Sonya Stepanova is a third year BFA candidate at NYU’s Maurice Kanbar Institute of Film and Television.
[Note: This is Part II of a two-part essay. Part I was posted this past Tuesday, 10/24.]
As my colleague, Nikta Mahmoodi, explained in the previous post, completing the necessary research for our documentary on Rasputin’s penis proved difficult. As our ideas on the film’s ideal execution changed, we found ourselves having to start from scratch on several occasions.
At no point were we entirely sure of what we were doing. After a while, all we could think about was Rasputin’s penis, which acquired a strange significance for us. We kept hoping the object would eventually leads us to some sort of epiphany, but this never came to pass — which meant the format and even nature of our project was a constantly evolving work in progress.
We began working on the film itself while the research was still in its preliminary phase. At first, we thought we would simply tell the story of Rasputin and his penis, chronicling it in a traditional, linear fashion. This initial choice immediately proved problematic — indeed, we couldn’t find an entirely consistent account of the man’s life, let alone his penis. Once this became clear, we abandoned the idea of making an archival documentary.
We pondered how to deal with the lack of information on our central topic. No matter how we treated our subject, we knew that for narrative reasons we would need to include a general overview of Rasputin’s life. How could someone care about a person’s penis if they didn’t know who the person was? Accordingly, the “general overview” portion of our film unfolds through a selection of archival materials accompanied by voiceover narration. We intentionally kept the voiceover rather ambiguous, giving as much information as possible without veering into falsehood.
Once we completed the overview and screened a rough cut to fellow members of our “Sight and Sound Documentary” course, it was time to figure out how Rasputin’s penis would fit into the film (no pun intended). After meeting with our instructor, Professor Marco Williams, we decided to pursue all possible leads and base the film on those findings, keeping its tone serious throughout. At this point, we were imagining a documentary consisting of archival footage intercut with interviews with experts. We sought out a variety of respondents, including: biologists; historians; the Russian Museum of Erotica in St. Petersburg, whose collections allegedly include the penis; and Michael Augustine, the man who found what turned out to be a sea cucumber in a locker belonging to Marie Rasputin. Who knows, we thought. Perhaps one of our experts would lead us to the penis itself!
As the final cut of the film makes clear, this idea did not pan out. Only one expert got back to us (which later turned out not to be such an insurmountable setback after all). It was at this point that we turned to Professor Yanni Kotsonis, whose insights helped us reach a turning point in our thinking. After our interview with him, we began to see the penis less as a physical object than as a symbol. We recognized that research was unlikely to lead to any concrete answers about that object’s whereabouts. And that’s when it dawned on us that the film’s true subject had to be the journey to this realization.
One of the hardest parts of the filmmaking process was editing Professor Kotsonis’s interview. We spoke to him for over an hour, receiving much valuable information, but could only include a few minutes of it in the film’s final cut.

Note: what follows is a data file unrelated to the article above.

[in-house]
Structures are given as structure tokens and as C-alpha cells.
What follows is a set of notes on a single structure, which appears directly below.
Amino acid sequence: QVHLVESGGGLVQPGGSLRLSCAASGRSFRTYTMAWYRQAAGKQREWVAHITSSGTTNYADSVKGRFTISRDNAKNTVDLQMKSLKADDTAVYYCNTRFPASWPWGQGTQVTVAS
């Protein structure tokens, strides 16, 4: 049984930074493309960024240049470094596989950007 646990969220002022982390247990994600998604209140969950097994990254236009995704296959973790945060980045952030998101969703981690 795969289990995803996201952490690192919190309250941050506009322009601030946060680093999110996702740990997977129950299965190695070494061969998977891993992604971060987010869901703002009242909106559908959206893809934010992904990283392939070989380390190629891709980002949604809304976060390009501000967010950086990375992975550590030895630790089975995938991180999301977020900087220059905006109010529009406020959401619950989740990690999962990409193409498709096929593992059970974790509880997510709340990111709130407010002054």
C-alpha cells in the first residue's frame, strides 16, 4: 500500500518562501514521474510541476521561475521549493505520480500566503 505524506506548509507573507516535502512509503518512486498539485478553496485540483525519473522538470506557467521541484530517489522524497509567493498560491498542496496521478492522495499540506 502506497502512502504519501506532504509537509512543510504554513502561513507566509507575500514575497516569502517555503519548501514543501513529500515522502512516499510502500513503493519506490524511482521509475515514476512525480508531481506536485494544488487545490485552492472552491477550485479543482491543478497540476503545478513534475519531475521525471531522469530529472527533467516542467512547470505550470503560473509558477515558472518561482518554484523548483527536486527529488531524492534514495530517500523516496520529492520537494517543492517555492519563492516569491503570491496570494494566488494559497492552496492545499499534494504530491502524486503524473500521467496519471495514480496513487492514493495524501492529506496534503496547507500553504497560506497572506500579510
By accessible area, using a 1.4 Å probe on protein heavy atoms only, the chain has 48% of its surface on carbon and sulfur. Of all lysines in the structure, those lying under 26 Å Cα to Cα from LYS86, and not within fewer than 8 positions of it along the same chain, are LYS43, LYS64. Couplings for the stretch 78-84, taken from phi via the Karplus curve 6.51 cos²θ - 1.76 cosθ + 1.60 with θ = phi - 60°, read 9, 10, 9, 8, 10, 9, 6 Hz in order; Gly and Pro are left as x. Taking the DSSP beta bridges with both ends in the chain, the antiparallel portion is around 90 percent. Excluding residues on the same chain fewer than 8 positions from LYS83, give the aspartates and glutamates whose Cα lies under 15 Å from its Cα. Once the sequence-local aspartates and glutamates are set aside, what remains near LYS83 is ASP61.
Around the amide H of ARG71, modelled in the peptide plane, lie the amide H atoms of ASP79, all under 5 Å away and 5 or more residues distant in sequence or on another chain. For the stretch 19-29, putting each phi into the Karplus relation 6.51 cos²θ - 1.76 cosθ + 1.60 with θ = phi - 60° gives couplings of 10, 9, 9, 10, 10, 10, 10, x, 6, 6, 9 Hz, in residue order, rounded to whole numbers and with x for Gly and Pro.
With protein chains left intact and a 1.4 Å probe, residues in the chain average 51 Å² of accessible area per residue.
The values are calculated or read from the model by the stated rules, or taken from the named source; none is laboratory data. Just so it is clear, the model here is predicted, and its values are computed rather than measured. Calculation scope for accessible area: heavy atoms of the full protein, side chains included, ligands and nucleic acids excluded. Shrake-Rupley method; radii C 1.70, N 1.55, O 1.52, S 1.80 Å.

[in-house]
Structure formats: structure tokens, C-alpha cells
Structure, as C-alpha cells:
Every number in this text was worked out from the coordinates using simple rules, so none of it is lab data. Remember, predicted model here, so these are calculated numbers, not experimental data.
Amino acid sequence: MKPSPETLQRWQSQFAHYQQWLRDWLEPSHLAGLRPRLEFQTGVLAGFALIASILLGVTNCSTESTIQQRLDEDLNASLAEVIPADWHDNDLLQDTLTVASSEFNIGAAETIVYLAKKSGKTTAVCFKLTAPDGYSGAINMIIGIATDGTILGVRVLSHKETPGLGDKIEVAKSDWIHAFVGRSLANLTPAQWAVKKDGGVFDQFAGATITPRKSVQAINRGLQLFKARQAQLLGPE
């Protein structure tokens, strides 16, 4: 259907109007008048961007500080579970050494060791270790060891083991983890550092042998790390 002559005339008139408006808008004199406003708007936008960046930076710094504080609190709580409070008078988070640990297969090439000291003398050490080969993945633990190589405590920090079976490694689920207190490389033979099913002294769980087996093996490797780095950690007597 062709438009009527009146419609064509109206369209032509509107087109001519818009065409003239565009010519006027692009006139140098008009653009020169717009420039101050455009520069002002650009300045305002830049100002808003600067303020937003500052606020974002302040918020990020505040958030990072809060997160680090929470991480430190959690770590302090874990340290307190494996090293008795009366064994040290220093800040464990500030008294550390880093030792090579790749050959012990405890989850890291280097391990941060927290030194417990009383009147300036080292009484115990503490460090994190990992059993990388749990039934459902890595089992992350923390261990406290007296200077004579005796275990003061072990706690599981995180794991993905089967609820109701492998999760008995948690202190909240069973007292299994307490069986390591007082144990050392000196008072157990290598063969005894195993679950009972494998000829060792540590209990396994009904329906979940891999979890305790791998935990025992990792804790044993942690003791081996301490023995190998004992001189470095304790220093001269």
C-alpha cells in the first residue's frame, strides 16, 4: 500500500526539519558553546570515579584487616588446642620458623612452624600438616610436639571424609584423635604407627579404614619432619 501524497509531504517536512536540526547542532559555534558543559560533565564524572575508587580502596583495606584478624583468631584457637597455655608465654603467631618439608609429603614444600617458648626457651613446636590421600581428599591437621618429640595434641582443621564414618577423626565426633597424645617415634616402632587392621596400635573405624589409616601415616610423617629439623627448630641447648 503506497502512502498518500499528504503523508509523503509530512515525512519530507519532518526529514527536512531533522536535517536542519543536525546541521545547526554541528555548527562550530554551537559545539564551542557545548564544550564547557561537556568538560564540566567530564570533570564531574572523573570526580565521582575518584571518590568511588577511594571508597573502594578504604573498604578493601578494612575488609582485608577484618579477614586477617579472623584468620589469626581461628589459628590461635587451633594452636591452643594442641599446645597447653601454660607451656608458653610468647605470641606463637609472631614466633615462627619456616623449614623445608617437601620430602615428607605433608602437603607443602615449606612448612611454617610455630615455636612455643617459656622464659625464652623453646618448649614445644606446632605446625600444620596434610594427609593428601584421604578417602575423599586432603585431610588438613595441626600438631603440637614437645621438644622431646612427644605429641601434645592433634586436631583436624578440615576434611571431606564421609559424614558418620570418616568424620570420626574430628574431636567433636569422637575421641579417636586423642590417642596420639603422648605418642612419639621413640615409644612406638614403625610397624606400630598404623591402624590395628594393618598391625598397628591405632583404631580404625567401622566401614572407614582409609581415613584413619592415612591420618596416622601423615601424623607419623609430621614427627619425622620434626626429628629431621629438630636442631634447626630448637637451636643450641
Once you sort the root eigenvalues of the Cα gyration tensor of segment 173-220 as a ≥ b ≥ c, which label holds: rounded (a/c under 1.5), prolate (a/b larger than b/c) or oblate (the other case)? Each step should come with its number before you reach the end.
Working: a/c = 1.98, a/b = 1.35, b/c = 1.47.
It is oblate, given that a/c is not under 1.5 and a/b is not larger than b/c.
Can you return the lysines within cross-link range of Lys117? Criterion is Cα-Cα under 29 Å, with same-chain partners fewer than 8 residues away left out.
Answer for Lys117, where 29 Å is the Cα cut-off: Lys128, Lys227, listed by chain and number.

The first cut included Nikta and me only to a very limited extent. We presented ourselves exclusively through voiceover narration, dropping in occasionally to clarify elements that were not self-explanatory on the basis of previously displayed footage. The film’s chaotic tone and lack of evidence were deliberate choices meant to reflect our own state of mind. As we discovered, however, many of our classmates found this format too disorienting. To people who didn’t know us at all, faceless narration would likely be even more unsatisfying and confusing.
Yet both Nikta and I were hesitant to put ourselves in the film. We’d wanted to center our project on the powerful figure of Rasputin, not two confused college students struggling with an assignment. But in the end, we decided to include ourselves. After all, the film had become a chronicle not of Rasputin’s life or the fate of his penis, but of our personal experiences. It made more sense to appear in the film directly than to use potentially impersonal or contrived-seeming third-party narration. And so, one rainy afternoon, after weeks of trying to figure out how to conclude the film, we sat down and recorded our thoughts. We sifted through hours of footage, selected a subset of our own reactions, and cut these together with archival materials and the interview with Professor Kotsonis. Editing the film proved challenging, since the manner in which we presented and integrated our footage would alter the story we were trying to tell.
The final result is far from our original vision. The tone, subject matter, and even protagonist changed during the making of the film. The fact that Nikta and I were working together — for the first time, no less! — also affected the final product. I am certain that, had we tackled the project separately, each of us would have created a completely different version of the film. Ultimately, this project taught us less about Rasputin’s penis than about the way humans interpret and process history and the intensely personal nature of filmmaking itself.